The Efrat settlement colony website states that “a garden city has blossomed in the Judean hills.” Yet one can see that large swaths of forest area and wilderness have been destroyed as the settlement grows, and settler-only roads cut the hillsides in half.

“This used to be a beautiful forest where we would go for picnics,” Ziyada tells IPS, pointing to a hill near her home. “But now, it’s been all cut down. The top of the hill is all gone. There used to be wildlife here, many different animals that would live in the forest. But they’re all gone too.

“We can’t build any more houses in the village. The Israeli military prohibits any villager to expand their home and build on the land. A few months ago, [the Israeli military] destroyed three houses at the edge of the village because a settler complained to the military that he didn’t want to see Arab houses from his window. So the military came in and destroyed the houses.”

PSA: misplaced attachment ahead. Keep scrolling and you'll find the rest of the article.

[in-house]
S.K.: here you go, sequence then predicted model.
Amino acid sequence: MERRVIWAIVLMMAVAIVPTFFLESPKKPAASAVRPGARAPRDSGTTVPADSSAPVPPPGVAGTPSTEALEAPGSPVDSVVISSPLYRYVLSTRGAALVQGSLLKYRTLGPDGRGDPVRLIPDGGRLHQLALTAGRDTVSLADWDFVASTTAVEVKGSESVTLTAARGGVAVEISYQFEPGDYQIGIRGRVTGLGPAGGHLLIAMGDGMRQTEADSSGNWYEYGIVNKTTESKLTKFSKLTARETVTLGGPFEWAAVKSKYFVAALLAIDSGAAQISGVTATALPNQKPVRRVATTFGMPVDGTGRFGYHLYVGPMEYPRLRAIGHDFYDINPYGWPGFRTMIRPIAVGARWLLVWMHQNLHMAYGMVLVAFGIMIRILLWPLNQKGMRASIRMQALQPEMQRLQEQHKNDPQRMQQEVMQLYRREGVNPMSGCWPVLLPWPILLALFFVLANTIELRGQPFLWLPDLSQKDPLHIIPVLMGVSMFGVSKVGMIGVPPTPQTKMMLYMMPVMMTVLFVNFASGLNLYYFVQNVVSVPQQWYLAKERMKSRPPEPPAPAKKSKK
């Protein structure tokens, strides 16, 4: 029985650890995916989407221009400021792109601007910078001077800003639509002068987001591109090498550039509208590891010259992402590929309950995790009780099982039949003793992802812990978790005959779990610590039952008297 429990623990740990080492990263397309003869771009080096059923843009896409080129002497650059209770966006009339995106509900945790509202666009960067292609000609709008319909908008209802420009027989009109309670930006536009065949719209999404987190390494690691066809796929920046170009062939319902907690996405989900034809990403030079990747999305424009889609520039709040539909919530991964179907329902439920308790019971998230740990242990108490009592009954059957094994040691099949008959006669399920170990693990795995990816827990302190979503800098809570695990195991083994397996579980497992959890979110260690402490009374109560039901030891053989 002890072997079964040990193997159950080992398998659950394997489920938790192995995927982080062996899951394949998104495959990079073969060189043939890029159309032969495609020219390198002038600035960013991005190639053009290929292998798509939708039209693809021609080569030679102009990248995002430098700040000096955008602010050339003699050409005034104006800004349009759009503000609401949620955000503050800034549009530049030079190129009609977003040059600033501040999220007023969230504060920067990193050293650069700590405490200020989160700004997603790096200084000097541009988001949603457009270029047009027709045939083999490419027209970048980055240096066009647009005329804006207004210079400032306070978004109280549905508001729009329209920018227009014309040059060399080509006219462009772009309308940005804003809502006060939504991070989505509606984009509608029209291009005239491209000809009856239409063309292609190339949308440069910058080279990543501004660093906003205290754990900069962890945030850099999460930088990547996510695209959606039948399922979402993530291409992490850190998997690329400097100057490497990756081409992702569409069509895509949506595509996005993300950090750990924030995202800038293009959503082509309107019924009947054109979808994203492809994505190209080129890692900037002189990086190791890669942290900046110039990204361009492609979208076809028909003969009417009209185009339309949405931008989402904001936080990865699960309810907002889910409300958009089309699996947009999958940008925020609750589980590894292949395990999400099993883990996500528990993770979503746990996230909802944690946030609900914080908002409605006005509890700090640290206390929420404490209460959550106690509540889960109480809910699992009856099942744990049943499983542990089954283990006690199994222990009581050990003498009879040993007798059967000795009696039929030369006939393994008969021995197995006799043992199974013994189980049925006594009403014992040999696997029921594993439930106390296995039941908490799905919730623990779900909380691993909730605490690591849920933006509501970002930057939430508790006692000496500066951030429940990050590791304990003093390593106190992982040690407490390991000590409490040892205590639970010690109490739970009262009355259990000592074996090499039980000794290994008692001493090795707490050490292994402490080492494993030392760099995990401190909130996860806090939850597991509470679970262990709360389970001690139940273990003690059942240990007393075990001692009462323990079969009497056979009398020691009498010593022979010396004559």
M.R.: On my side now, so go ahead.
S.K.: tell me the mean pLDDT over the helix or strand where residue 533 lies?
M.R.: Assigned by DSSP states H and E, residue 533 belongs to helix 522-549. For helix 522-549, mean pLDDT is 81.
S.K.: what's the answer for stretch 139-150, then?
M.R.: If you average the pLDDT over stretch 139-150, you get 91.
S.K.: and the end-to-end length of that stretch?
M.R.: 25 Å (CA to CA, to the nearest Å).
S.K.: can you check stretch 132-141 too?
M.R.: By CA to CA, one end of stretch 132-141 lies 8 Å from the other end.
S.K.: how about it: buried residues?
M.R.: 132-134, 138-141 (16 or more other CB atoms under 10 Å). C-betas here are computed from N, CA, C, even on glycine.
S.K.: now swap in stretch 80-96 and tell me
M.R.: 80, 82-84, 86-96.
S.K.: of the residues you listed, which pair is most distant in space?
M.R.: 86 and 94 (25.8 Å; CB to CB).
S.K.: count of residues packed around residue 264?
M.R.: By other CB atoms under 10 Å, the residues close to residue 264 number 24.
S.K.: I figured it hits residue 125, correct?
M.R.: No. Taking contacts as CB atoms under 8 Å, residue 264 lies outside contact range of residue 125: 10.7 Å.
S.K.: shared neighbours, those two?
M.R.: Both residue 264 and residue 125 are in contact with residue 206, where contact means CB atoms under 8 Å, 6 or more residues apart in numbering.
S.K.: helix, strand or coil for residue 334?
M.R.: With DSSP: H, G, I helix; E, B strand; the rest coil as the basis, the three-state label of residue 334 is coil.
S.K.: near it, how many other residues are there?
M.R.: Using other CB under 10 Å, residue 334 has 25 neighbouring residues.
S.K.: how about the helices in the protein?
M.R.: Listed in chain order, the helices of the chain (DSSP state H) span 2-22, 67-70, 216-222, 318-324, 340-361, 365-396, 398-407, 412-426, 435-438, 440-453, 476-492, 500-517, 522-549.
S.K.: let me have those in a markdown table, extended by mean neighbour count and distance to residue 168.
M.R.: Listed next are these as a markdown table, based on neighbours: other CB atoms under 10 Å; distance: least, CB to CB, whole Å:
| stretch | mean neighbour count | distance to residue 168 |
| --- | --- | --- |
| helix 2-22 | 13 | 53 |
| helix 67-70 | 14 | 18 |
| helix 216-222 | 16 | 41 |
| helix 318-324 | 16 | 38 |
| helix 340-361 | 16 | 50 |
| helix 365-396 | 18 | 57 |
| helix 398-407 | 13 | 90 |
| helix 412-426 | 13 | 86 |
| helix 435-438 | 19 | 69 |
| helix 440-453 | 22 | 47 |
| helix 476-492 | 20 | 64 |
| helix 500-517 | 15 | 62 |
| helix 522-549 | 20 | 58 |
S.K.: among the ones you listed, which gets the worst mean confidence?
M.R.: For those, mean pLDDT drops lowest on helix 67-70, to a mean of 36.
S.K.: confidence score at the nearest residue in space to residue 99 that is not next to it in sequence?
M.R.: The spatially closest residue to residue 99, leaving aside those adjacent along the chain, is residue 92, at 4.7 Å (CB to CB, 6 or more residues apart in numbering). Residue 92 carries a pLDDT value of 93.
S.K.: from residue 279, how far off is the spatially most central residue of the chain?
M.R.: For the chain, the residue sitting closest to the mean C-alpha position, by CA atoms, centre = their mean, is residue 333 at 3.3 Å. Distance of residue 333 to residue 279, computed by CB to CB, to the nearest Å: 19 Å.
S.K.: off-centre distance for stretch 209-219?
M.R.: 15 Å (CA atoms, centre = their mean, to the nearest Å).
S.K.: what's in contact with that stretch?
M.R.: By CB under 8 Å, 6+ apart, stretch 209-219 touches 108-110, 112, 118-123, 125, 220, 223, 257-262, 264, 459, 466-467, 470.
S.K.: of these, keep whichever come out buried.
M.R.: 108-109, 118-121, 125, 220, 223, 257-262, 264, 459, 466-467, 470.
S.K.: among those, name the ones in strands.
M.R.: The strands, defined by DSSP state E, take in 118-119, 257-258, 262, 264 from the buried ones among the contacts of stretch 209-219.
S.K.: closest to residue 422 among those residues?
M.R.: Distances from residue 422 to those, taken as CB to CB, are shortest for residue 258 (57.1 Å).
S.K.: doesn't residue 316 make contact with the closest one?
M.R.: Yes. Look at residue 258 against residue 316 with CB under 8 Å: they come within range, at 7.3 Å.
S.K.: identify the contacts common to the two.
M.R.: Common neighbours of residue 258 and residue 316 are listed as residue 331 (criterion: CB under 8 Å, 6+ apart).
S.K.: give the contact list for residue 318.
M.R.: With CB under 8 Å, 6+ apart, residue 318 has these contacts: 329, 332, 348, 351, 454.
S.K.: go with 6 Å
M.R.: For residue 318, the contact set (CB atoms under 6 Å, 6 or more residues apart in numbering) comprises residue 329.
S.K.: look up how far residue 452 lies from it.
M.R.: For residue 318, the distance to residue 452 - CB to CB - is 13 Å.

Ziyada also tells IPS that the settlement practices collective punishment in many ways to eradicate the villagers from their land. “The water supply comes from the settlement, so they control it. Last month, we didn’t have running water for three weeks. They cut the water and said there was damage to the pipes, even though we knew it wasn’t true.”

Last year, the Israeli military blocked every road but one in and out of Wadi Rahaal and installed a locking metal gate on the remaining road that imprisons the villagers every evening. The soldiers lock the gate at arbitrary times; there is no set schedule, and many residents find themselves unable to enter or leave their village at regular hours.